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'Abominable' Is Perfectly Adorable, But What Else?

By Kristy Puchko | Film | September 27, 2019 |

By Kristy Puchko | Film | September 27, 2019 |


This year at the Toronto International Film Festival, the buzz was big for star-studded crowdpleasers like Hustlers, Knives Out, A Beautiful Day In The Neighborhood, and Jojo Rabbit, which won the fest’s audience award. But the buzz around Dreamworks’ yeti adventure, Abominable didn’t even earn a dull roar as much as a grumble. Written and directed by Jill Culton, this is a dedicatedly cute movie with uplifting themes of female empowerment, community, and compassion. But it’s not much beyond that.

Part of the problem is that Abominable feels like an earnest but sloppy hodgepodge of more exciting and already acclaimed movies. Like ET, its story centers on a kind-hearted kid befriending a lost, fantastical creature. But instead of American boy Elliot finding an alien hiding in his family’s shed, Chinese tomboy Yi(Chloe Bennet) finds a yeti hiding on her apartment building’s rooftop. Like Hiccup in How To Train Your Dragon, she will go on a wild adventure across breath-taking terrains to save her new monster friend from those who would destroy him. Like Missing Link or Paddington, they will be tracked by a merciless hunter, who wants nothing more than to taxidermy the rare creature. And even this yeti’s design seems snatched. In an opening escape sequence, the barreling abominable monster resembles the rampaging beasts of Attack The Block, though the reveal of his blunted teeth and big blue eyes admittedly makes him cuddlier.

All this makes for a movie that feels fresh in only two respects: it’s setting and heroine. Instead of another white boy (or Anglophile bear), Abominable centers on a Chinese girl, who runs breathlessly all over Shanghai doing odd jobs, from babysitting, to pug-walking, to dumpster duty for a seafood restaurant. On the surface, it seems Yi’s doing all this work to save up for a big trip across China, something she dreamed up with her late father. But filling her days with activities also allows her to run from her grief, as well as avoid her home where her mother and grandmother fret and make dumplings. When Yi impulsively decides to run away to take this yeti—that she’s named Everest—back to his home—which is Everest—she finds another excuse to flee. But as just her pesky neighbors, vain Jin (Tenzing Norgay Trainor) and playful Peng (Albert Tsai), tagalong, Yi pain won’t be left behind.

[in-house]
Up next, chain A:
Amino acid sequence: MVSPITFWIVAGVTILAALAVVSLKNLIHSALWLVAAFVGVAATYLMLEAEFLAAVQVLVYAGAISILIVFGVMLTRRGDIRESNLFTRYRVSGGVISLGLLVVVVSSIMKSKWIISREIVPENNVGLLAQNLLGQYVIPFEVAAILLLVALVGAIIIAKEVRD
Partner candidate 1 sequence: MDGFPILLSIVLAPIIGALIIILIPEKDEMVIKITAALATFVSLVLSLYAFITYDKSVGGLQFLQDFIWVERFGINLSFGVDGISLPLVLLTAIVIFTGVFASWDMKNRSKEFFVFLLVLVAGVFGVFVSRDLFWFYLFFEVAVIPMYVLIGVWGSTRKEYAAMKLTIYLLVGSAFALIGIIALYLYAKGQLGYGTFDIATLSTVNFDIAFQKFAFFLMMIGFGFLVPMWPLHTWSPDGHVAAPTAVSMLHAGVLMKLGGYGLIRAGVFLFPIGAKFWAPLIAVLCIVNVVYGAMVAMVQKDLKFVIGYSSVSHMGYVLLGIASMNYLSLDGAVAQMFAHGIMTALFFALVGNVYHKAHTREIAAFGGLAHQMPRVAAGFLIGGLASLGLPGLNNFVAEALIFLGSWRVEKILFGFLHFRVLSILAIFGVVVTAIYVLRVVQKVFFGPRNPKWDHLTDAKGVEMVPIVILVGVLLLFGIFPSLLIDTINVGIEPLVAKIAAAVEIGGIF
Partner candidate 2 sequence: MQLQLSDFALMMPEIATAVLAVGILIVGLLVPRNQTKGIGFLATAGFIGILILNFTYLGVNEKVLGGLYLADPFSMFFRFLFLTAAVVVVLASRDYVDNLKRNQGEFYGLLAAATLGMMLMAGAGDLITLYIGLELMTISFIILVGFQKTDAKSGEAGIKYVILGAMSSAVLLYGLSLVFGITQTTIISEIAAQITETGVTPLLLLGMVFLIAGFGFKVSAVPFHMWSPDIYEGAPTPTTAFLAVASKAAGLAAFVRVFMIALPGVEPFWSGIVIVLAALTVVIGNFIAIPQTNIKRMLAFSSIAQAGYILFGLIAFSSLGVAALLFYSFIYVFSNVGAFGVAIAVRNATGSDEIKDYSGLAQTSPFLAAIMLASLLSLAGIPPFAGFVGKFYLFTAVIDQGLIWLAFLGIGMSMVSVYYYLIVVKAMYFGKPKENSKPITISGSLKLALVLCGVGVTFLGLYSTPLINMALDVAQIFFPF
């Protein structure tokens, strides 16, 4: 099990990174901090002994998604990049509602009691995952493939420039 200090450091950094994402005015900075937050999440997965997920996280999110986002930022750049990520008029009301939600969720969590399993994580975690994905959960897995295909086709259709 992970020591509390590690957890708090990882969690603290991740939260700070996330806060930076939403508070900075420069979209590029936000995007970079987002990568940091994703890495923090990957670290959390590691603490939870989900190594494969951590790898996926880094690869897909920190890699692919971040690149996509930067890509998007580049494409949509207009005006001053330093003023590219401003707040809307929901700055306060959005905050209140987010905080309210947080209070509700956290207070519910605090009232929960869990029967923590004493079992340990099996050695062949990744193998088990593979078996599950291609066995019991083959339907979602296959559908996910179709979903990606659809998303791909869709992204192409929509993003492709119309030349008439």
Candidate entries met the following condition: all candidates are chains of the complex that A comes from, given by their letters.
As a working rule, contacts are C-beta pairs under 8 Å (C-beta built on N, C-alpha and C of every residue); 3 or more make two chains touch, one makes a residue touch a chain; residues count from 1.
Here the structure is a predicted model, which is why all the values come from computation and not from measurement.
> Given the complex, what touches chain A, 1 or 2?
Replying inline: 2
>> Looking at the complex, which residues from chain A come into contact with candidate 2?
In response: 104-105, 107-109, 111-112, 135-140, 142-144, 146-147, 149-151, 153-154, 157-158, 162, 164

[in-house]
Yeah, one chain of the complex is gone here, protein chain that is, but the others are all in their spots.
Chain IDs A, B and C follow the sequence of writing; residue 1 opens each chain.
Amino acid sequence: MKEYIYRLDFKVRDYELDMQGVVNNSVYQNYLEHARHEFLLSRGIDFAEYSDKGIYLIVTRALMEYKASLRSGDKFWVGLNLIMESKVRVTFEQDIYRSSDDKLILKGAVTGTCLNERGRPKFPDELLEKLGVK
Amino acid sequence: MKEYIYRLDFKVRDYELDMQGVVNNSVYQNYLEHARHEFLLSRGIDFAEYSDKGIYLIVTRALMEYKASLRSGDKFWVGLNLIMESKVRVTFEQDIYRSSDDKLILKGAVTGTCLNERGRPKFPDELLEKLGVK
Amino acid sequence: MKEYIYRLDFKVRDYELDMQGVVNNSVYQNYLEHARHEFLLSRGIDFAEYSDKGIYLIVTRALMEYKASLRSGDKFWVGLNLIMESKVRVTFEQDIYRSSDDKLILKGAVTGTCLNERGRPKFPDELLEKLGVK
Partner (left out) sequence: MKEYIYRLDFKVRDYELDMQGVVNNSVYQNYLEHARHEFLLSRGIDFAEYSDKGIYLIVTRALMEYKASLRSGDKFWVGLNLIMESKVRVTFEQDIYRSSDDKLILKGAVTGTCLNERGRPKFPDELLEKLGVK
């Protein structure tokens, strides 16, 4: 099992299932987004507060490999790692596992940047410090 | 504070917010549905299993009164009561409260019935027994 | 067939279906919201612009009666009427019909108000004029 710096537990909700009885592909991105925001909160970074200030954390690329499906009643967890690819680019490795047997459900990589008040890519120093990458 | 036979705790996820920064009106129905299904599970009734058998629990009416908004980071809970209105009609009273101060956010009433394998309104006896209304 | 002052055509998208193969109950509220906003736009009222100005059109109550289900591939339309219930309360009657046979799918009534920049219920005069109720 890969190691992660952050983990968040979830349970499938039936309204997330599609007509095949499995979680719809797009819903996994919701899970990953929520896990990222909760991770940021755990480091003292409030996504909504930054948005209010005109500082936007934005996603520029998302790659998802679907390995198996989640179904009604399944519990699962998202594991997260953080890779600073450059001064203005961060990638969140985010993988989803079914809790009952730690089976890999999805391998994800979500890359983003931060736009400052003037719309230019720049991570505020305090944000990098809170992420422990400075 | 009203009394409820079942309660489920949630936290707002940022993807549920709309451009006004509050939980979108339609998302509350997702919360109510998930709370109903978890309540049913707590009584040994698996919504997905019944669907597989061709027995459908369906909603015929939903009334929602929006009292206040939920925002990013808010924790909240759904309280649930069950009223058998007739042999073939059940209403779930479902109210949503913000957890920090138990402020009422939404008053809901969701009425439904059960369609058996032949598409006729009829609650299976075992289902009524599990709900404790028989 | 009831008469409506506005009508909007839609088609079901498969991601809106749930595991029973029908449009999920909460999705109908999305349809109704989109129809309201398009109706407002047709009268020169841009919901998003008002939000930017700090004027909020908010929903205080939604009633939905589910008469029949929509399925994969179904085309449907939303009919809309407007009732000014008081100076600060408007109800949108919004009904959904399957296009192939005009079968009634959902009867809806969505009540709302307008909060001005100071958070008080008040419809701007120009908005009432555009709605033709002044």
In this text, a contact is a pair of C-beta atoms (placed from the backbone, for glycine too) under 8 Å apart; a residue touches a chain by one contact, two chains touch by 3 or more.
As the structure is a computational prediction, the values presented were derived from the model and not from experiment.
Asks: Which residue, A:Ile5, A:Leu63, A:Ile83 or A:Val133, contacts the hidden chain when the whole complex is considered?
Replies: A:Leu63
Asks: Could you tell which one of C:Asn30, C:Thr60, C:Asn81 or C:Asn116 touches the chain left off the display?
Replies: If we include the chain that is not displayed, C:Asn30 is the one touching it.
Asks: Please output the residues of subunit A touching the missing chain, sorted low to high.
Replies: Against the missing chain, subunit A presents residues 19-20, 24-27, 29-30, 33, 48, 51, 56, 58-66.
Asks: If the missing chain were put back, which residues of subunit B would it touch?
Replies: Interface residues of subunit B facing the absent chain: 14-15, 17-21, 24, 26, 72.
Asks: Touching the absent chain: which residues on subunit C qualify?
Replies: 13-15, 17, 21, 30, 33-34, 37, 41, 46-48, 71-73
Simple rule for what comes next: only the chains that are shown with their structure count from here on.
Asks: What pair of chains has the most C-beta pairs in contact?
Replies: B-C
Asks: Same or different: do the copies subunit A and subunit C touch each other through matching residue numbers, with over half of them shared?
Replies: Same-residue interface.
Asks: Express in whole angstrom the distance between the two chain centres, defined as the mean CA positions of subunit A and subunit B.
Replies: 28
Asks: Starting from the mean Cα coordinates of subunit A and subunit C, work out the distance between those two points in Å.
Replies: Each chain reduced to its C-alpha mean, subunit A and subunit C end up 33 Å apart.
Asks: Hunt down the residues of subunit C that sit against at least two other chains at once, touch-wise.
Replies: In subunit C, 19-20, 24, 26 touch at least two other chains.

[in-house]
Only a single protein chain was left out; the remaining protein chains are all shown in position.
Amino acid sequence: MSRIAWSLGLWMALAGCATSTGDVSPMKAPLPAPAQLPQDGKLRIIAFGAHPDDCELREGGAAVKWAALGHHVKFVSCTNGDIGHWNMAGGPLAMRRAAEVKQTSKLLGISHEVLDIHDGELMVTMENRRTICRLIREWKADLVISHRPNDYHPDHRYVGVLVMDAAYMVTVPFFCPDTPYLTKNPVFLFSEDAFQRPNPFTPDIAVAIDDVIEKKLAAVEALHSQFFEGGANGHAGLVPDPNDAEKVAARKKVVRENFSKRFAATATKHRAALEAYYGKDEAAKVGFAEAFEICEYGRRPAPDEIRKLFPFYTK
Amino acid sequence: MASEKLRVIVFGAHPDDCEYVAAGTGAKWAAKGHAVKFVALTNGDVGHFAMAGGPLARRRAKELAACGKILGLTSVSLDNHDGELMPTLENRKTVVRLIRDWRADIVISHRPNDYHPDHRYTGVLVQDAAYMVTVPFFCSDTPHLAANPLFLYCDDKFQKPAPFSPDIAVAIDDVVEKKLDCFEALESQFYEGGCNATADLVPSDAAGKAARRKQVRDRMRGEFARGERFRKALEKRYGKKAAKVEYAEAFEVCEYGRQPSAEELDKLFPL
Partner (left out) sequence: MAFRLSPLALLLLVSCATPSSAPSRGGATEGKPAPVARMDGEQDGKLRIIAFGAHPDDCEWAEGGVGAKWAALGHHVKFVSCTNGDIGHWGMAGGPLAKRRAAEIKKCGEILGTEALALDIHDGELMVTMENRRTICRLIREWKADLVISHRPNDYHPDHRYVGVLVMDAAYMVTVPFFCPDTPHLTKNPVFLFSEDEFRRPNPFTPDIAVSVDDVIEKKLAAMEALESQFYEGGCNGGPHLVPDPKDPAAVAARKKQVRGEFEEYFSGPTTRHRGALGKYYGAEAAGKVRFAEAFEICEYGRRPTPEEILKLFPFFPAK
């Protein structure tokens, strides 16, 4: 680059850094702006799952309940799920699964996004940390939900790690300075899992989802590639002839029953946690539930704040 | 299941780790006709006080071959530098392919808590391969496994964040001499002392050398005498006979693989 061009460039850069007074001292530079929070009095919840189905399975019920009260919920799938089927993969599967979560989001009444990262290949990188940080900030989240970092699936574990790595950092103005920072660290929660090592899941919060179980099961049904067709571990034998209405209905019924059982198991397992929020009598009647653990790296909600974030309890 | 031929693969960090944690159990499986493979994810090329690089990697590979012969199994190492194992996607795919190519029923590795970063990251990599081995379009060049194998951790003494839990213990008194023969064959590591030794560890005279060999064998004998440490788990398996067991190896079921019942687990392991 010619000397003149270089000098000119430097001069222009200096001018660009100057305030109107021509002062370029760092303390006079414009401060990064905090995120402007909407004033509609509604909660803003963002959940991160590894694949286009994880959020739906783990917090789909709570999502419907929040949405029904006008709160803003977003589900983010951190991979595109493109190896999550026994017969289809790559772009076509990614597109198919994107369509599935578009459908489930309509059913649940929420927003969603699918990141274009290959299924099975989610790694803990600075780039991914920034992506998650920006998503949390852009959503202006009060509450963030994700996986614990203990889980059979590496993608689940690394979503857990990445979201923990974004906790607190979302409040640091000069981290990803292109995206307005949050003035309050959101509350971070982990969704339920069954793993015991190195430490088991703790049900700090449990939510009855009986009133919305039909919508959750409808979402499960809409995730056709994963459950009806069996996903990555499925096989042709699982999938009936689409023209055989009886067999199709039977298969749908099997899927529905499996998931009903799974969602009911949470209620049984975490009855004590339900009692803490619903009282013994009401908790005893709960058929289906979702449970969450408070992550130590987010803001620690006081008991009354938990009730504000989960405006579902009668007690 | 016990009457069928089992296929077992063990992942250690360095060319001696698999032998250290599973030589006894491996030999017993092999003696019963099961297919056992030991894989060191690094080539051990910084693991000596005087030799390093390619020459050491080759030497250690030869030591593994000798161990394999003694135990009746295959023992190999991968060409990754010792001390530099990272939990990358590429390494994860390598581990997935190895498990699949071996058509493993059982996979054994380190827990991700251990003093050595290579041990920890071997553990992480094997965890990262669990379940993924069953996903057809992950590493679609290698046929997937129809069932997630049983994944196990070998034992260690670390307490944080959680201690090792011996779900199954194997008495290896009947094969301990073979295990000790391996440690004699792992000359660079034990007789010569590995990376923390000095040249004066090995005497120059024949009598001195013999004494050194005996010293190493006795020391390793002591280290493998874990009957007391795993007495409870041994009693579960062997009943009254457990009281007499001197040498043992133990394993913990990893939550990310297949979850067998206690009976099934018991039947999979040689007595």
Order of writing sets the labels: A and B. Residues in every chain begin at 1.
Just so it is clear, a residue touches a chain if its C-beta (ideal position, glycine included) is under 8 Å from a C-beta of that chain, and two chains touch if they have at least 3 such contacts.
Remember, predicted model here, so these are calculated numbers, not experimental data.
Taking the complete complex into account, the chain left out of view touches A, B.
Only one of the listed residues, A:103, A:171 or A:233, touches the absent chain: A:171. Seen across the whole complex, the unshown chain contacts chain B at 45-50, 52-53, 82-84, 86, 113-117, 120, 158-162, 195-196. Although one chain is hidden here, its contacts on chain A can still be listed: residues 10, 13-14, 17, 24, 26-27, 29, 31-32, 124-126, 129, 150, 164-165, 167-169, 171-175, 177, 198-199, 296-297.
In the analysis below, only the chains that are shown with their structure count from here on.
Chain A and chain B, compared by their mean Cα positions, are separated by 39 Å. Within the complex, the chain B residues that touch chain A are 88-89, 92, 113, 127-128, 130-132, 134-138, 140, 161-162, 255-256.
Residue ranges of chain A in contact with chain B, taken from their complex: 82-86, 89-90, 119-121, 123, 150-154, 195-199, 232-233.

There are moments where it seems Abominable will try to be a delicate tale of dealing with death and grief. Yi’s love of the violin and her fascination with travel comes from her father. So scenes where she plays music or pouts over his postcards tug at the heartstrings as they allow her to reconnect to his memory. But much like its heroine, this movie rarely slows down enough to let these emotions sink in. It’s got too much else going on.

Enter Sarah Paulson as a perky biologist, and Eddie Izzard as a roaring, pick-ax wielding trophy hunter, and a trio of slapsticky minions, and a snake that goes “WHOOP!” This quirky crew will chase the kids and their yeti over crystal waters, down lush valleys, and up icy mountains. And along the way, there’ll be jokes about cola, giant blueberries, and silly sounds. There’ll also be the discovery that Everest has magical powers that allow him to bend nature to his will in any way that services the plot most conveniently. Plus Yi will reconnect with her estranged childhood friend, which allows for a slapdash subplot that manages to chastise kiddos for being too into selfies and cellphones. Why not stuff one more life lesson in while we’re at it?

In the end, Abominable is a mess, but a charming enough one. The story is meandering and convoluted. But the computer animation offers adorable characters and beautiful vistas. The voice work is spirited. And little kids will likely enjoy this goofy yeti, who burps, rolls over like a dog, and chuckles like a gruff but lovable uncle. The might be thrilled by the action sequences that involve floods of flowers, attacking drones, and rampaging giant blueberries. On that level, Abominable is fine. But playing against some of the most thrilling, most moving, most daring movies of the year, this cute kids movie can’t compete.

Abominable made its world premiere at the Toronto International Film Festival. It opens in theaters on September 27th.

Kristy Puchko is the managing editor of Pajiba. You can follow her on Twitter.

Header Image Source: Universal Pictures